Are your hamstrings tighter than a piano wire? Does your lower back ache like your grandma’s? Hip flexors feel as congested as I-5 at rush hour? When stretching fails to ease your lower back pain, myofascial release delivers flexibility, comfort, and ease.
It’s a common error many of us make—when we feel tight in some part of our body we tend to focus on that area—stretching, massaging, kneading, or strengthening. It’s sort of a spot treatment approach to improving flexibility, and it can be a real waste of time. For instance, you could stretch your hamstrings all day, every day, and still have low back or hip pain unless you also address tightness in the adductors and hip flexors.
One of the number one cycling related complaints is “tight hamstrings”. Most of us can confirm this tightness simply by doing a standing forward bend. If your hip flexors and adductors are also tight, you’ll probably feel it in your lower back too. Why? Because your hip flexors attach to the lower vertebrae. So, of course, you try to then stretch your lower back muscles.
This stretching can feel good in the moment, but without also releasing the hip flexors you wind up chasing discomfort from one area of the body to another.
A similar situation exists for many cyclists whose adductors compensate for hamstring weakness. Between these inner thigh muscles are fascial layers which help the different muscles glide against each other. If the fascia becomes dehydrated overworked or somehow damaged the tissues become sticky and nearby muscles begin to adhere to one another rather than glide. These sticky tissues—known as adhesions—are less responsive to stretching.
Stop stretching and start releasing.
Myofascial release can be achieved through a combination of bodywork such as Rolfing or deep tissue massage, passive stretching where the muscles are completely passive, such as yin yoga, or the dreaded foam roller. Nowadays you can find corrugated, knobby, textured, and even massaging foam rollers, but even the basic closed-cell foam variety will work. Foam rolling can be performed before or after a ride—or any time, really—to help release adhesions in the glutes, hamstrings, IT band, and adductors.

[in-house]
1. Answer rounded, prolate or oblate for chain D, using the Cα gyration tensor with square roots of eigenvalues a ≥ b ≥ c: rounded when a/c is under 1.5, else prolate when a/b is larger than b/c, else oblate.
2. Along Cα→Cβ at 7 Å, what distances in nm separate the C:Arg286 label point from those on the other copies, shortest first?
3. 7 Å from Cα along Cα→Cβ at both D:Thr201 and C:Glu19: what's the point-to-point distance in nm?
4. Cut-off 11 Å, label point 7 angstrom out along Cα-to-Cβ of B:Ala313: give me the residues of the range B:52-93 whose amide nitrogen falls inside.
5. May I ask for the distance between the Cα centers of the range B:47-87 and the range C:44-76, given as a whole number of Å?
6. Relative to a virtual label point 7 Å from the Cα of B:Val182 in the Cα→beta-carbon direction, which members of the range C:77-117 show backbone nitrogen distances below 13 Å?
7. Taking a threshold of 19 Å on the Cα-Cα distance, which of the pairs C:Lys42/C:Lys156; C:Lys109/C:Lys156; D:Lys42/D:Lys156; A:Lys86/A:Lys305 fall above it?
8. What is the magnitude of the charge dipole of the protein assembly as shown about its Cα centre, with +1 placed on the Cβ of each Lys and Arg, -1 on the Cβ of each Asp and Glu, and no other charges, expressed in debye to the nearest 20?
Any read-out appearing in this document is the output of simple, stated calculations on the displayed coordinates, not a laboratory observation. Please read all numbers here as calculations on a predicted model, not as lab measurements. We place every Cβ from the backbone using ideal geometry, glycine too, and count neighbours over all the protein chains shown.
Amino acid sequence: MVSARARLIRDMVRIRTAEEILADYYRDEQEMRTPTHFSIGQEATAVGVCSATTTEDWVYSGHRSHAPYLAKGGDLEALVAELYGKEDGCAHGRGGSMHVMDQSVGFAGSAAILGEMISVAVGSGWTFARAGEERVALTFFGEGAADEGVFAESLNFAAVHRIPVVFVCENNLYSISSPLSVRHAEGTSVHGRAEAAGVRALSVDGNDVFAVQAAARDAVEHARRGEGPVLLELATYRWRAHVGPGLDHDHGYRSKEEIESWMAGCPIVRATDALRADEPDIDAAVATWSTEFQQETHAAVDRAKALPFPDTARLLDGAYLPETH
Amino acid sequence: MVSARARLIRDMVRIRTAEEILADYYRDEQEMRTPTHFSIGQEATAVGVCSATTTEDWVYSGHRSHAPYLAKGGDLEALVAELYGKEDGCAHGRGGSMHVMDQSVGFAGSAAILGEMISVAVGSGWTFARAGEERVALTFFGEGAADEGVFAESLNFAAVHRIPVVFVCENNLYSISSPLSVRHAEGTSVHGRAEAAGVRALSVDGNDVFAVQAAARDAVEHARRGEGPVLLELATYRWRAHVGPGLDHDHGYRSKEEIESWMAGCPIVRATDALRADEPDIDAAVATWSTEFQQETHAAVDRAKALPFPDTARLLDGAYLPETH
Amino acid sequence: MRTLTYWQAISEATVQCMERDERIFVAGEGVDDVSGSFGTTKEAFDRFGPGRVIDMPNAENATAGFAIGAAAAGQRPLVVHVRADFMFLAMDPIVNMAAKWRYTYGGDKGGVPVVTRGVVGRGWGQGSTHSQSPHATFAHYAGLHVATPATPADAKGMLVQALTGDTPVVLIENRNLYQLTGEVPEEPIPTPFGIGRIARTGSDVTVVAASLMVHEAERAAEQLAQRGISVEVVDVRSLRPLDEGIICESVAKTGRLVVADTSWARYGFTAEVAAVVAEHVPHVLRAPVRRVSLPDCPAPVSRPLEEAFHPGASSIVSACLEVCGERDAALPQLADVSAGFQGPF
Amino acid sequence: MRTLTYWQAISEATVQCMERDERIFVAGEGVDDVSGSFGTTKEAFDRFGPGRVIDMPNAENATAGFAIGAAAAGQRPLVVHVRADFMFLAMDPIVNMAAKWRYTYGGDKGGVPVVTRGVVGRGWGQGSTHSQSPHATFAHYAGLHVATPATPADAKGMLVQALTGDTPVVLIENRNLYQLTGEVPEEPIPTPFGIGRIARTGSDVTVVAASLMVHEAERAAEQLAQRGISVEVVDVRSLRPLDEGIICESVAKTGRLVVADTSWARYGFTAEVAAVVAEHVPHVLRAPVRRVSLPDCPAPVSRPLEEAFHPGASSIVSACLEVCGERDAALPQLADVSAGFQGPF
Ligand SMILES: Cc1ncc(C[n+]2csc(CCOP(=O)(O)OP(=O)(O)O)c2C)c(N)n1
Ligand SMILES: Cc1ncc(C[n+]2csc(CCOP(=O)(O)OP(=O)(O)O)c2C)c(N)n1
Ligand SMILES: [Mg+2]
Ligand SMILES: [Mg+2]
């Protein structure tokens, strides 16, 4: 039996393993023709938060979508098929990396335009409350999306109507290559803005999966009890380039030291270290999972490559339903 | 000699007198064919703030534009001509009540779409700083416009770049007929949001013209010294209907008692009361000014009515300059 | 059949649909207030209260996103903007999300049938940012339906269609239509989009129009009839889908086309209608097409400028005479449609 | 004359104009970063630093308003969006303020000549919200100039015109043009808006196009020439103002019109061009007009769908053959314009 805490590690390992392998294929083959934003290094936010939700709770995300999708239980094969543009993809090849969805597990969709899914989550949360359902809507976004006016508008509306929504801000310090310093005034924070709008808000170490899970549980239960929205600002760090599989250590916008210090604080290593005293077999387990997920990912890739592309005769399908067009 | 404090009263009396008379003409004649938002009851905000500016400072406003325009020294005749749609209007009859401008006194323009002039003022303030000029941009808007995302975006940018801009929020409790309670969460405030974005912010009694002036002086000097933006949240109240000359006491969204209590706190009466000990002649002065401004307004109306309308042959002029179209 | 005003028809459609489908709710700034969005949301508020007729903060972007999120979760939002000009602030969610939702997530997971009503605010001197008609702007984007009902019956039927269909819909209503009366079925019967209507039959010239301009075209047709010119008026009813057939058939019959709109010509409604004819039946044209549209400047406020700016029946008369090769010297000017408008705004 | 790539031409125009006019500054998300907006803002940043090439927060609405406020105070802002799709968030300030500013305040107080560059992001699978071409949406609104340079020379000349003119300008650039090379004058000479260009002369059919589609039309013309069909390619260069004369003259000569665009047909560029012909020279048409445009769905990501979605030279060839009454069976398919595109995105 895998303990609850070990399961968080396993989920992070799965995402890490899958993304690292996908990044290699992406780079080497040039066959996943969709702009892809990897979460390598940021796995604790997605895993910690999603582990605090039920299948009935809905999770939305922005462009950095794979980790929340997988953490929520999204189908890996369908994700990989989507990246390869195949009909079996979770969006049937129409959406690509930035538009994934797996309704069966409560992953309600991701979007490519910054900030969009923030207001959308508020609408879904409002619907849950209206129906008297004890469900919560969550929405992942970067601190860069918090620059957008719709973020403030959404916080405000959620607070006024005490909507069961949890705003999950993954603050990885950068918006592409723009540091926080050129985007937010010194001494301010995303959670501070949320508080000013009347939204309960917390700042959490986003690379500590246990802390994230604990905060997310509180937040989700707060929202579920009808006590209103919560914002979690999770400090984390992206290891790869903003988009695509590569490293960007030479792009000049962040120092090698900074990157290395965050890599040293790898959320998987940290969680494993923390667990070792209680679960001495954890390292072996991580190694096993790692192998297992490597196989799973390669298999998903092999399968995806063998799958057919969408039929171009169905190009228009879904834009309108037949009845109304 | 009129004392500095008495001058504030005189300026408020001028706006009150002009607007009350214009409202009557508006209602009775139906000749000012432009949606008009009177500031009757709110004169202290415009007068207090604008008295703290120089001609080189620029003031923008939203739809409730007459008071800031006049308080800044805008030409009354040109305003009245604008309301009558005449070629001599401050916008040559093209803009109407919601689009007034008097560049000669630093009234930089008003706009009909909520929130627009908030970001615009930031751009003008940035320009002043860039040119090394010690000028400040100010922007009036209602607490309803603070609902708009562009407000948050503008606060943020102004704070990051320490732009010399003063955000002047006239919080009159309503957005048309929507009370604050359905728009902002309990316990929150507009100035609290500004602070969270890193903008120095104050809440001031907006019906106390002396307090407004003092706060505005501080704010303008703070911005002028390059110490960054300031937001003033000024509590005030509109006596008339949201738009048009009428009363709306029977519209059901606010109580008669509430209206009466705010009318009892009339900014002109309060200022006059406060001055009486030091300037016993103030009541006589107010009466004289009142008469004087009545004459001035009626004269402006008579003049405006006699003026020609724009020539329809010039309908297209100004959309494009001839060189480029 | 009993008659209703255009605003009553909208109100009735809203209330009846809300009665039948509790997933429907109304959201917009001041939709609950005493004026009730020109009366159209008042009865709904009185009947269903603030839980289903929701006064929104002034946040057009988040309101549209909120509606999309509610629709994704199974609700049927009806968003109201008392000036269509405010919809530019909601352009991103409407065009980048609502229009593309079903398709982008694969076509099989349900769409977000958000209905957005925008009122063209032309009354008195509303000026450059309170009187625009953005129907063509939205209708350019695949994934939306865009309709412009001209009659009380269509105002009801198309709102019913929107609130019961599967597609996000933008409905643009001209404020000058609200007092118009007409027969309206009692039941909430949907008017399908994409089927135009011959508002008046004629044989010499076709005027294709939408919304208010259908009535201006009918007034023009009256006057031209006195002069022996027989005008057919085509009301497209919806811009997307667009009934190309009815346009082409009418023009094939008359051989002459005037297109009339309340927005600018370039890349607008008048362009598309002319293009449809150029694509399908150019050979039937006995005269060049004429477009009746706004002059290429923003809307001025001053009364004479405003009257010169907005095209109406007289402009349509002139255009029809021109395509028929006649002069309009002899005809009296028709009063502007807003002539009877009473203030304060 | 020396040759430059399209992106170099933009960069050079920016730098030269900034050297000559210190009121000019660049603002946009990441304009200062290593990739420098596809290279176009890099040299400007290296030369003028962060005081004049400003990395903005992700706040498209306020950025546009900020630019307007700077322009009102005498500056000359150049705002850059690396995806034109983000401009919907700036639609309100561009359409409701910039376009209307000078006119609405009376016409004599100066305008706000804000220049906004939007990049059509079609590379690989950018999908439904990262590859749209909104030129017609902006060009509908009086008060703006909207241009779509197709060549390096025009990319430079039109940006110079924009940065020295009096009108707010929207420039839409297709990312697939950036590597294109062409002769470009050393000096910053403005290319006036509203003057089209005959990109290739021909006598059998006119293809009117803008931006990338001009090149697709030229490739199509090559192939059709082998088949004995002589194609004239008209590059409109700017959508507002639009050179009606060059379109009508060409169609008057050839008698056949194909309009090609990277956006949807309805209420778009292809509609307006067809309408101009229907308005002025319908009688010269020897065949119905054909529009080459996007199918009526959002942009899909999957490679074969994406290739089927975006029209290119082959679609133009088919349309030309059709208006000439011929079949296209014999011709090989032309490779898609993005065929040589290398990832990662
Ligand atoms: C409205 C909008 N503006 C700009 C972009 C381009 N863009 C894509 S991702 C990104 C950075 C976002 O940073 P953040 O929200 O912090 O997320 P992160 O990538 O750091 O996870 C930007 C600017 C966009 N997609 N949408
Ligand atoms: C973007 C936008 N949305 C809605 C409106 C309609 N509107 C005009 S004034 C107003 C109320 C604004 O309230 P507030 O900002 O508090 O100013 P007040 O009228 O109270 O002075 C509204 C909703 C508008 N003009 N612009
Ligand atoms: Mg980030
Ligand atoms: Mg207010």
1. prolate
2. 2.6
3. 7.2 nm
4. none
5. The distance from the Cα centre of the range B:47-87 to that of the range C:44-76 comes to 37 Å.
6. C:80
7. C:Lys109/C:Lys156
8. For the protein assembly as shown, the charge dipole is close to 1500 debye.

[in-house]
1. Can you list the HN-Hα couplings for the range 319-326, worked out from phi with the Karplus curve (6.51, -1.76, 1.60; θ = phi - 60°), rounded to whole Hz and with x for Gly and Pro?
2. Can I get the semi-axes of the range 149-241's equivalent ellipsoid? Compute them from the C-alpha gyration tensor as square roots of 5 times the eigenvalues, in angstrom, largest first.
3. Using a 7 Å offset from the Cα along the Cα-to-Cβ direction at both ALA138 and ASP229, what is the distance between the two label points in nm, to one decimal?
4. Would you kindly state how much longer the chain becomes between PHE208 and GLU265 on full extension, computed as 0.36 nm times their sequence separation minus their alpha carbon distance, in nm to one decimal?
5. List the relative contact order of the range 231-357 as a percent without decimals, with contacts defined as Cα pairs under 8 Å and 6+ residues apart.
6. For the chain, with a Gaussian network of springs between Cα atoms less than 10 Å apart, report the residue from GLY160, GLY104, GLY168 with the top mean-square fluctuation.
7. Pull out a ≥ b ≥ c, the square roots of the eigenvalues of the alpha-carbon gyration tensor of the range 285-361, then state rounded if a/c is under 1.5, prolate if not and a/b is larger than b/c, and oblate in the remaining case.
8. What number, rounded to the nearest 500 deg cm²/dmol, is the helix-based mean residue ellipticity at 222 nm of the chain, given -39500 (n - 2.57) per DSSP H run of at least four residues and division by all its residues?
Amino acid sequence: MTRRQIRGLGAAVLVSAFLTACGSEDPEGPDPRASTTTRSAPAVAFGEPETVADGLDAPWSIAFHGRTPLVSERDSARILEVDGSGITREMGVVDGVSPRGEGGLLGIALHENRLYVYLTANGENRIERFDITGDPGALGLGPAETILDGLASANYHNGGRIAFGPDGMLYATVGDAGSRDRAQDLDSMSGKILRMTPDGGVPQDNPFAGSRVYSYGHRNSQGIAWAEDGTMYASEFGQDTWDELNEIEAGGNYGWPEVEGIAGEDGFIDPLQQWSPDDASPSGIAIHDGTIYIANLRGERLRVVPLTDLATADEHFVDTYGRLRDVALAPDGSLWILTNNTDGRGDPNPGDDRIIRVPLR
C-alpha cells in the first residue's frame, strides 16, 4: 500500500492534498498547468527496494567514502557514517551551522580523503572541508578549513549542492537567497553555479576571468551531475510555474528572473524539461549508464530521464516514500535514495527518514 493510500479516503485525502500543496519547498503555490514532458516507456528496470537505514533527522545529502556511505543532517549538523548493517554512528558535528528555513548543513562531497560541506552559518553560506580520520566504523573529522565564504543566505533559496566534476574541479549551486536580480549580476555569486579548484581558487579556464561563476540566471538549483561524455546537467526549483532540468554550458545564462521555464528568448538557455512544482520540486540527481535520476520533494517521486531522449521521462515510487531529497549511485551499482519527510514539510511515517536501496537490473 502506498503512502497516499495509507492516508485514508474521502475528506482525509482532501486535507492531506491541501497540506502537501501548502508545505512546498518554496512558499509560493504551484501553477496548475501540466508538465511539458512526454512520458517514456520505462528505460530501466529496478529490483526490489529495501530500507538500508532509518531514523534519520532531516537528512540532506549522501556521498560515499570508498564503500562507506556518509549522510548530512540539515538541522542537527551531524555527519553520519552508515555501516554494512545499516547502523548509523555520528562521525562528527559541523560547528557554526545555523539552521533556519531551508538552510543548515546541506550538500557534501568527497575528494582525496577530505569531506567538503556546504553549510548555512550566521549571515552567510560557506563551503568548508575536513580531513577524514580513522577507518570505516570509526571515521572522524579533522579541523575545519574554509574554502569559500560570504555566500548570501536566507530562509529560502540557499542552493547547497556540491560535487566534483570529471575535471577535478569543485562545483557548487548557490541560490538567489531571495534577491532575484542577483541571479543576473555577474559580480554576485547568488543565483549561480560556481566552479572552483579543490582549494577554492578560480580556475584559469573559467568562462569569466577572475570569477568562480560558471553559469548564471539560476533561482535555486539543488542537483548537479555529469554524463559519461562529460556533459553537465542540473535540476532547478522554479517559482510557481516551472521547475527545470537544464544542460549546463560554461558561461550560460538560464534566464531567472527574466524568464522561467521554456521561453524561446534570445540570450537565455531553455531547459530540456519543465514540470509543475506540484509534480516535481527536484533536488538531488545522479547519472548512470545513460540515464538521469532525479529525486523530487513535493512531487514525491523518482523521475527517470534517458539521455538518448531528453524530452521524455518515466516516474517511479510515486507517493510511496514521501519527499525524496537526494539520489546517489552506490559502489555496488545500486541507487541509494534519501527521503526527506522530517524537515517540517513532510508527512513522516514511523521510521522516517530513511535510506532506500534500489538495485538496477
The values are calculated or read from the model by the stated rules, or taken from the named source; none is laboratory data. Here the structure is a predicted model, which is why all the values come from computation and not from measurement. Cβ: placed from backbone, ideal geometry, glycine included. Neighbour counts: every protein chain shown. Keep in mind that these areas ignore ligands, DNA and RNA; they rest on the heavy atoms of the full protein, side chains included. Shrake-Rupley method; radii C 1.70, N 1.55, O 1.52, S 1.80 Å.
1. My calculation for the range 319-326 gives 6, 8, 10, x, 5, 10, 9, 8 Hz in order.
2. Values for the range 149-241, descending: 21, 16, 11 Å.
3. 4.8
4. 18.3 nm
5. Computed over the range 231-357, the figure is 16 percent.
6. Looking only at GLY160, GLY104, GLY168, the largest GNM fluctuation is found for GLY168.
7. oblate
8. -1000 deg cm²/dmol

If you’d rather change a flat tire every five minutes than torture yourself on purpose with a foam roller there is an easy movement you can do to release your adductors and hip flexors and it requires no more effort than laying on the floor.
Less is more: passive release does all the work with less intensity.
Like a 3-in-1 yoga pose, the Adductor/Hamstring Release stretches the hamstrings and adductors, and releases the hip flexors and lower back all at once. It’s a passive release, meaning there isn’t any stretching sensation for most people. In fact, the vast majority of people will not feel any stretch in this pose.
Don’t be fooled into thinking nothing is happening if you don’t feel stretching; myofascial release can be very intense but it can also happen just by hanging out for several minutes in this shape.
For more cycling-specific stretches and strengthening tips, visit BikeYoga.com
Try the Adductor/Hamstring Release after your next ride. And the next. And the one after that. In fact, if you do nothing else, try working this movement into your life three times a week or more regardless of your riding schedule. Your lower back discomfort and hip tightness should improve faster than you can say “Foam roller? Ugggh!”
Üma Kleppinger is the author of BikeYoga. She cut her teeth as a bike messenger in New York City during her film school days and has been riding ever since. A professional copywriter and ghostwriter, Üma is the founder of Allied Independent, a creative services studio based in Portland, OR. When she’s not she’s not on her bike she’s on an open mic at The Moth and other storytelling and improv venues.